Maharaj (as he is known by his disciples) appeared at Mountain Center on August 16 of 1999. When told that he was to speak at the home of a magician, he quipped, "Ah ho!" and reminded his listeners of boyhood encounters he had had with similar magicians in his own homeland. Maharaj's visit was not without an unusual, perhaps supernatural element, as so often happens during events up here. As he got into his lecture, shortly after sunset, a seasonal monsoon storm began to brew. Common at this time of the year in Phoenix, these storms can be violent and electrifying. With the thunder cracking and lightning flashing all around, some of Maharaj's devotees began to get a little worried about the Master's safety. Maharaj called the lightning and thunder "Krishna's magic!" and compared its potency and beauty to the illusions of man-made "magic" such as technology. Maharaj made it clear that "So long as we remember Krishna, maya [illusion] cannot come. The moment we forget Krishna, maya comes."

As Maharaj was leaving later with his devotees, those with him noticed that the bottom of the Mountain was muddy and drenched with rain from the wild storm. Only the top of the Mountain, in the sacred circle where Maharaj held his satsang, had been spared the deluge. No doubt he would attribute it to the grace of Krishna, and this is only fitting for such a sacred space.



No description of the mystical, magickal Mountain would be complete without mention of its two occult "mascots," symbols of its weird energy: Harley, a fullblooded gray wolf with a friendly disposition (except towards Mr. Crowley's pit-bulls) and high intelligence; and Dragon Monster, a twenty-one foot, one-hundred pound reticulated python who used to lurk in a small closet under the stairs, meditating on its heated rock. No one was ever able to figure out if Dragon Monster was a male or female, and no one was brave enough to investigate it so closely.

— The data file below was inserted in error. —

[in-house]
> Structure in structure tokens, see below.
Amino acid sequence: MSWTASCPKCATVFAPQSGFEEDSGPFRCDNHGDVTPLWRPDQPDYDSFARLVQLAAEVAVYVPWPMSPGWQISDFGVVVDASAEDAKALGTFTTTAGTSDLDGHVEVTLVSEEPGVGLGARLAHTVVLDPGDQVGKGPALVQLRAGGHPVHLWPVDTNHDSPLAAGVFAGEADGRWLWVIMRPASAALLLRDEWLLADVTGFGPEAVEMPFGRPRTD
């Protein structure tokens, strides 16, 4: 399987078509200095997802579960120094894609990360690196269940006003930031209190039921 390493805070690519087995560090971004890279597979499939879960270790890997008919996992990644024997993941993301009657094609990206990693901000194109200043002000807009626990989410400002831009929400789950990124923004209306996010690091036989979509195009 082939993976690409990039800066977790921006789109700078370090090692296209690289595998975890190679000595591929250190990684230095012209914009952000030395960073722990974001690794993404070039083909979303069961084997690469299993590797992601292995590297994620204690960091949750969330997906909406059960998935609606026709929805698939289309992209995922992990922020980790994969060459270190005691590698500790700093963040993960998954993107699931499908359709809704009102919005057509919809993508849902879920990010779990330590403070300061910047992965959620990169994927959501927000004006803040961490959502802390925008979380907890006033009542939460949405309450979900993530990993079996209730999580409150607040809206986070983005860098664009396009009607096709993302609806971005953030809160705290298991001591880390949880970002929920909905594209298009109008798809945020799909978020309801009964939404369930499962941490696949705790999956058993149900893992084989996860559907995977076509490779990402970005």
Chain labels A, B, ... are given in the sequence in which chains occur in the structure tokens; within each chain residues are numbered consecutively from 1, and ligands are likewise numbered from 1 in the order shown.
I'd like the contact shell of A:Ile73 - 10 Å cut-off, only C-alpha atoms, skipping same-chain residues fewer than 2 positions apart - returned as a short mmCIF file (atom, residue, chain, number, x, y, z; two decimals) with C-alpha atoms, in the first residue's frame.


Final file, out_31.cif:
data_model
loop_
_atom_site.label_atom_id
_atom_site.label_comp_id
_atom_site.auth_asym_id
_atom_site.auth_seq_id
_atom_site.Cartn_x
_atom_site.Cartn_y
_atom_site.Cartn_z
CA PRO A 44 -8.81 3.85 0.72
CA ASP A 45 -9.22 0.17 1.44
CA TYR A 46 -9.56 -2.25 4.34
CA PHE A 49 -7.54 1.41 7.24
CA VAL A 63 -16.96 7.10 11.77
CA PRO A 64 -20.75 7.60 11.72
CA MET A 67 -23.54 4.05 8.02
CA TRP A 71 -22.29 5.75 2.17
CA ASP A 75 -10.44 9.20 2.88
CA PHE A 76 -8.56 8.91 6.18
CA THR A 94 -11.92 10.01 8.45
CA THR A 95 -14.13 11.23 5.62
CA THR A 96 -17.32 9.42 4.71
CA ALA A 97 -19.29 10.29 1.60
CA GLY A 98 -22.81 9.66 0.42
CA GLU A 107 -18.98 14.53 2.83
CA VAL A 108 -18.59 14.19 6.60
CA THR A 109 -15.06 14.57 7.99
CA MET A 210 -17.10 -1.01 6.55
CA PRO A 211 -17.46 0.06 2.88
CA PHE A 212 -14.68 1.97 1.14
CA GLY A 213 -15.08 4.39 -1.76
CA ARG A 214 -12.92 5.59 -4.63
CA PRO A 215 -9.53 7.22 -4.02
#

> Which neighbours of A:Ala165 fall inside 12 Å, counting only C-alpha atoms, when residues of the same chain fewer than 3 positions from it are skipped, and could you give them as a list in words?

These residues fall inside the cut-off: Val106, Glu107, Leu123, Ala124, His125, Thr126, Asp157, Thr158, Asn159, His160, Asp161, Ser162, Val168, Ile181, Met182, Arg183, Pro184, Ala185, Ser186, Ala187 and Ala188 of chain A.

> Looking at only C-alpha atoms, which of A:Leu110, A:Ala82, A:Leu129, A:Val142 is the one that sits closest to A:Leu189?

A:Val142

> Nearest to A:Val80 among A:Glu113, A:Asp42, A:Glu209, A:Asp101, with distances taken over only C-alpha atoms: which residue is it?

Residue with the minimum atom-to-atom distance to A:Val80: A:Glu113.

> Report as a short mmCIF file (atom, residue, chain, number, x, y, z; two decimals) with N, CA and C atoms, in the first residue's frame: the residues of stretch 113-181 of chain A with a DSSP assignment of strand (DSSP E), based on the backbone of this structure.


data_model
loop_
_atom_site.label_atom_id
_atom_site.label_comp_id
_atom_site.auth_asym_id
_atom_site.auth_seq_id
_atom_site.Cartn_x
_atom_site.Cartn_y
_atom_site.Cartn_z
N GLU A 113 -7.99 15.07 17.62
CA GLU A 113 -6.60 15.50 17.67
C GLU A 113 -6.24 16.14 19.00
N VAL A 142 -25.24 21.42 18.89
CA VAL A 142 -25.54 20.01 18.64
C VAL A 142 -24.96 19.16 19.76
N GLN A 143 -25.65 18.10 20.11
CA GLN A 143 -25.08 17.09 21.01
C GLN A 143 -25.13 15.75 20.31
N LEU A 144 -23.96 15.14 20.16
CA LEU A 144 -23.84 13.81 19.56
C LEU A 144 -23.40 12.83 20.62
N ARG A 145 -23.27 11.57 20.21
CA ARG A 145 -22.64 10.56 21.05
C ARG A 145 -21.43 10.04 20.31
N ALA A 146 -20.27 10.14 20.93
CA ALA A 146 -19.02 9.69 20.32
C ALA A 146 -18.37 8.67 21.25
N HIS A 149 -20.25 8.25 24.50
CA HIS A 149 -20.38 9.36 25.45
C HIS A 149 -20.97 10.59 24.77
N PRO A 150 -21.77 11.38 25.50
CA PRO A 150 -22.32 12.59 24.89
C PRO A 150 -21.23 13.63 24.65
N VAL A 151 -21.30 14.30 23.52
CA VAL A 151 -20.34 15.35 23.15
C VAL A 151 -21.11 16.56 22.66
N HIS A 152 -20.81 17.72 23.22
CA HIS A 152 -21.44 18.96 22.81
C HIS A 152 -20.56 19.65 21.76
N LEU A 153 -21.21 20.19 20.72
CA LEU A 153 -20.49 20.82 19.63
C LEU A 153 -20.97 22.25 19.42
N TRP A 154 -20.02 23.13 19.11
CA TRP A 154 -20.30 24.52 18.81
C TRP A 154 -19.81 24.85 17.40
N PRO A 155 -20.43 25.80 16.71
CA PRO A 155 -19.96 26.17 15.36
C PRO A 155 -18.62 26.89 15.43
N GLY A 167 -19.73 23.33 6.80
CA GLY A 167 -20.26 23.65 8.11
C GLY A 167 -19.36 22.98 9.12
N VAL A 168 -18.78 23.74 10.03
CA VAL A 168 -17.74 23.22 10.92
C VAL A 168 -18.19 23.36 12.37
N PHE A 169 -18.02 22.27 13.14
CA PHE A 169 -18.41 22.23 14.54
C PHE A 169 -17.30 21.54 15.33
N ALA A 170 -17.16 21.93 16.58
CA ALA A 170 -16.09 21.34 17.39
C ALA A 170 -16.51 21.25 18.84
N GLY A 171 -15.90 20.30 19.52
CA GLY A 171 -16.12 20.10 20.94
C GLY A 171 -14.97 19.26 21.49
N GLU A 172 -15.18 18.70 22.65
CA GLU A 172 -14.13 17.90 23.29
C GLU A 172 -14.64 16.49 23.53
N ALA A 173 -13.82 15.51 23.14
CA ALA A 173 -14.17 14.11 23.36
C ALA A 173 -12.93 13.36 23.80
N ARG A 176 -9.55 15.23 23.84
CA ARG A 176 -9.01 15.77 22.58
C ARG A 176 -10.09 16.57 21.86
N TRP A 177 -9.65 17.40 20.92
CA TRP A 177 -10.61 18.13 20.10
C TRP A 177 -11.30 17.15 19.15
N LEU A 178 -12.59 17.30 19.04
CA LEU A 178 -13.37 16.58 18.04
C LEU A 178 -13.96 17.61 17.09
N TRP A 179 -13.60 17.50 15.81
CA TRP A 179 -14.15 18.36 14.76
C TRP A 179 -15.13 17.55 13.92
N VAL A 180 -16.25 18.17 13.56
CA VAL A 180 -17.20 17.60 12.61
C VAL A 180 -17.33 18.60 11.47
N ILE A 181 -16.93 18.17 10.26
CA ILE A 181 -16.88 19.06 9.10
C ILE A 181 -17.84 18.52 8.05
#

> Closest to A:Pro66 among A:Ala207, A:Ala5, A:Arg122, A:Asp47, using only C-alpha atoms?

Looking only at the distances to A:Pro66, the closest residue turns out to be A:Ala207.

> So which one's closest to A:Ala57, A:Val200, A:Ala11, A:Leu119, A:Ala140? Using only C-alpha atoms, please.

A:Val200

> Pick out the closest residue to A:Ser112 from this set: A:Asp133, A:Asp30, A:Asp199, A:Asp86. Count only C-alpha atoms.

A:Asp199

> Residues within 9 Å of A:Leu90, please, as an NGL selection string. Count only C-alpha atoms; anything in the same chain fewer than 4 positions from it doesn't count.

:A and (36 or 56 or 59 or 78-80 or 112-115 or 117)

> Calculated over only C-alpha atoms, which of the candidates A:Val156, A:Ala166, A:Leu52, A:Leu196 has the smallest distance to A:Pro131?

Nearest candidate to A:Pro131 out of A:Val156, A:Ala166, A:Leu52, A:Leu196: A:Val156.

Sadly and weirdly, both of these magnificent beasts made their individual transition to the higher realms in February of 1999. Both died within a week of each other, Harley a week prior to and Dragon on the night of Mike Crowley's 50th birthday celebration. Mike interpreted the loss of both beasts as a necessary sacrifice to the Gods, to enable further growth here. (Another serpent, somewhat smaller than the first, now calls Mountain Temple home.)

One of the Mountain's three pit-bull terriers, Max (an Adeptus Minor in the G.D., perhaps the only canine ever so recognized) passed away peacefully at the foot of his mistress' bed in December of 2002, at a respectably advanced age. As of 2005, the other two terriers were living elsewhere, and the Mountain is now home to two white wolf hybrids (see photo on Tour page 2.)



Let's let Mike Crowley speak for the Center:

"Mountain Center practices freedom, acceptance, and tolerance of all religious or spiritual aspects of life, and all beliefs. Over time the Center has evolved as we all do, as time goes on. We continue to promote freedom. We now focus on Golden Dawn work; however, we continue to allow other groups rent the [outside] area and certain (non-consecrated) ritual tools in order to do their own thing. Groups who have enjoyed our facilities include ceremonial Magickians, several Wiccan covens, the Discordians, Chaos Magickians, Strega (Italian wicca), Voodoo, Spiritualists, American Indian, Hindu, and Buddhist practitioners. People come to the Mountain for research and for intelligent conversations. Or just a good old bullshit session on any subject or anything. Everyone has the right to say what ever they want without being afraid of being told to shut up or they're wrong. That's not to say you will not get an argument or a heated discussion on that particular subject. The Mountain has had some wild parties just to have a party and it can be very fun exciting, erotic, and strange. Plain old fun with out the worry of being politically correct!"